In any case, once you start splitting up the UK, why stop with the currently-recognised nations? Where's the cultural coherence between Cornwall and Northumbria? They're just as different as Kent and Gwent. And why shouldn't we revive the Heptarchy? Or the Danegeld?

Once an English parliament were introduced, if you take the argument to its logical extreme why should an MP from Durham vote on an issue that will affect Truro but not his own constituency when an MP from Aberdeen isn't allowed to vote on an issue affecting only St Albans?

2/07/2006 05:23:00 pm  
Blogger MatGB said...

NM, effective problem is that, as for example Ming has set out (y'know, those LibDems you mostly ignore but mostly agree with?), the UK parl has the power to apply any legislation to Scotland, even retroactively, as currently constituted.

All it takes is an Order in Council. Just because it hasn't been done yet, doesn't mean it wouldn't happen. We need a full review of the constitution. English Parliament wouldn't actually help with the whole decentralising ideal (need?), and NuLab aren't interested in anything dull and not headline making.

2/07/2006 10:51:00 pm  
Blogger john b said...

Nah, what we *really* need is a set of regional parliaments. Not only would it solve the West Lothian thing, it would really annoy the Little Englandy weirdos. And if the Daily Mail-ites of Southeast-outside-London want to elect themselves a new Taliban, then they could do so without hurting the rest of us. Absolutely no drawbacks...

2/07/2006 11:42:00 pm  
Blogger Jonn Elledge said...

Problem with the regional Parliament idea - and I agree, it's a good one (after all, there are more people in London than in Scotland) - is that people don't want it. They voted it down in the northeast, which was the region where it had the highest degree of support.

People take an attitude of 'if it ain't broke, don't fix it' to the constitution. And while politics wonks and bloggers may think it's very broken indeed, many of those who just want a national government and the ability to turf if out after a bit are often contented with the status quo.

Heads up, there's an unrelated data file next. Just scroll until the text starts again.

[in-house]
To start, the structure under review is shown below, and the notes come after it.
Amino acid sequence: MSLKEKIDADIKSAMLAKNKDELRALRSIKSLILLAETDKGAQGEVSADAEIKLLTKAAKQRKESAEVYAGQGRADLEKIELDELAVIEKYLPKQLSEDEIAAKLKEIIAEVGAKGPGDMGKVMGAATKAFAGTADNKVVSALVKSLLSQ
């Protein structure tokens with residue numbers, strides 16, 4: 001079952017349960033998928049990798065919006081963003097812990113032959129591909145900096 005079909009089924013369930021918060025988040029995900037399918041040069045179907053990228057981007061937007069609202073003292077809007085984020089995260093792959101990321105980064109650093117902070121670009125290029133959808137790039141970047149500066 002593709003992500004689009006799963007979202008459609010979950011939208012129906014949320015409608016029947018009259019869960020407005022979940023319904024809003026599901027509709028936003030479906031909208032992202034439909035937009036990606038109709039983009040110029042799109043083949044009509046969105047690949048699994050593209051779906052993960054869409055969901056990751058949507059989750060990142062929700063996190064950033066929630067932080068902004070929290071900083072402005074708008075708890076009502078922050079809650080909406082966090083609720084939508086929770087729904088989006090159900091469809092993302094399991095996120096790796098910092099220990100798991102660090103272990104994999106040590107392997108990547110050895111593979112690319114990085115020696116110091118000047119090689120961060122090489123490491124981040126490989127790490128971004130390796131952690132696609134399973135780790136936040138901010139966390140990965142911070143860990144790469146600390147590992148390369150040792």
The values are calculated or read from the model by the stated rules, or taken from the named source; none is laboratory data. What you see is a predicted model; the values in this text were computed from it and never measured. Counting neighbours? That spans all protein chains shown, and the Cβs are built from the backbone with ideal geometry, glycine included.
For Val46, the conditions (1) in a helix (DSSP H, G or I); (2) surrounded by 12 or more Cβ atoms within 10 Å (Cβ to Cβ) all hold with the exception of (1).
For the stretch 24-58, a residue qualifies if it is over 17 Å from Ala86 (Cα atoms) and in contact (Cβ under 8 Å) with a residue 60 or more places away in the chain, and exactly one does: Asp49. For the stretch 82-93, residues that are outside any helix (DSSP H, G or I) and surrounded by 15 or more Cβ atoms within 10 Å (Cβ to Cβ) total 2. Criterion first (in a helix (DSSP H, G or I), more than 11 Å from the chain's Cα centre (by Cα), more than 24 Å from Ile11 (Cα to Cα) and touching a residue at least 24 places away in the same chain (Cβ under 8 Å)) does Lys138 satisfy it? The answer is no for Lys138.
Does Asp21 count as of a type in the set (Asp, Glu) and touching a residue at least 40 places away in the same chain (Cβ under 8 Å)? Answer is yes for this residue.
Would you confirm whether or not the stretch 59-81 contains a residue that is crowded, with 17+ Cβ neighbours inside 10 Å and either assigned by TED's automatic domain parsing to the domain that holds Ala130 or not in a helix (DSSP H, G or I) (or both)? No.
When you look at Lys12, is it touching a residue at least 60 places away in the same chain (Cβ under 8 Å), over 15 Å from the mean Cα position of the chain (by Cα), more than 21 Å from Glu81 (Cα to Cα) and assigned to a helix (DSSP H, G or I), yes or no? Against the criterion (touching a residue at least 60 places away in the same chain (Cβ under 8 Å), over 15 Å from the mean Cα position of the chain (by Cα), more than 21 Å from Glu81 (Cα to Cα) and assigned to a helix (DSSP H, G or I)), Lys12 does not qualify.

I've just realised, that's two comments on the same post I've started with the word 'problem'. Awkward, aren't I?

2/08/2006 10:01:00 am  
Anonymous Anonymous said...

firstly we need an English Parliament mainly because we're English.Then devolve power back down to the shires and counties.
Trim down the number of English MP's too.Let locals solve local problems.There is no need for even English MP's to involve themselves very much.
Scrap the national lotto in favour
of local causes like hospitals etc.
There used to be local banks in England,why not re-introduce them?
let them set their own rates rather than what the bank of England wants?

2/08/2006 11:02:00 am  
Blogger Jonn Elledge said...

I think the reason that local banks base their interest rates on those of the Bank of England is because they borrow most of their money in the short term money market, where the central bank sets the rates. This, combined with competition, means that the smaller banks end up following centrally set rates pretty closely.

2/08/2006 01:03:00 pm  
Blogger MatGB said...

@ John B: Pretty much agree, I just dislike the regions as drawn, and indeed the name 'regions'. I'm a provincial lad, why can't I have a provincial assembly like wot London's got?

John Elledge: the North West 'white elephant' was voted down because a number of people campaigned against it, including a number who, like me, thought it was a waste of space that didn't go far enough. It wasn't devolution of power from Westminster, it was a local govt reorganisation. Designed by John Prescott. I'm in favour of some form of regionalism, but PRescott's offering wasn't worth the paper it was printed on, if they offered similar in the Westcountry (note, not the South West) I suspect I'd vote against it.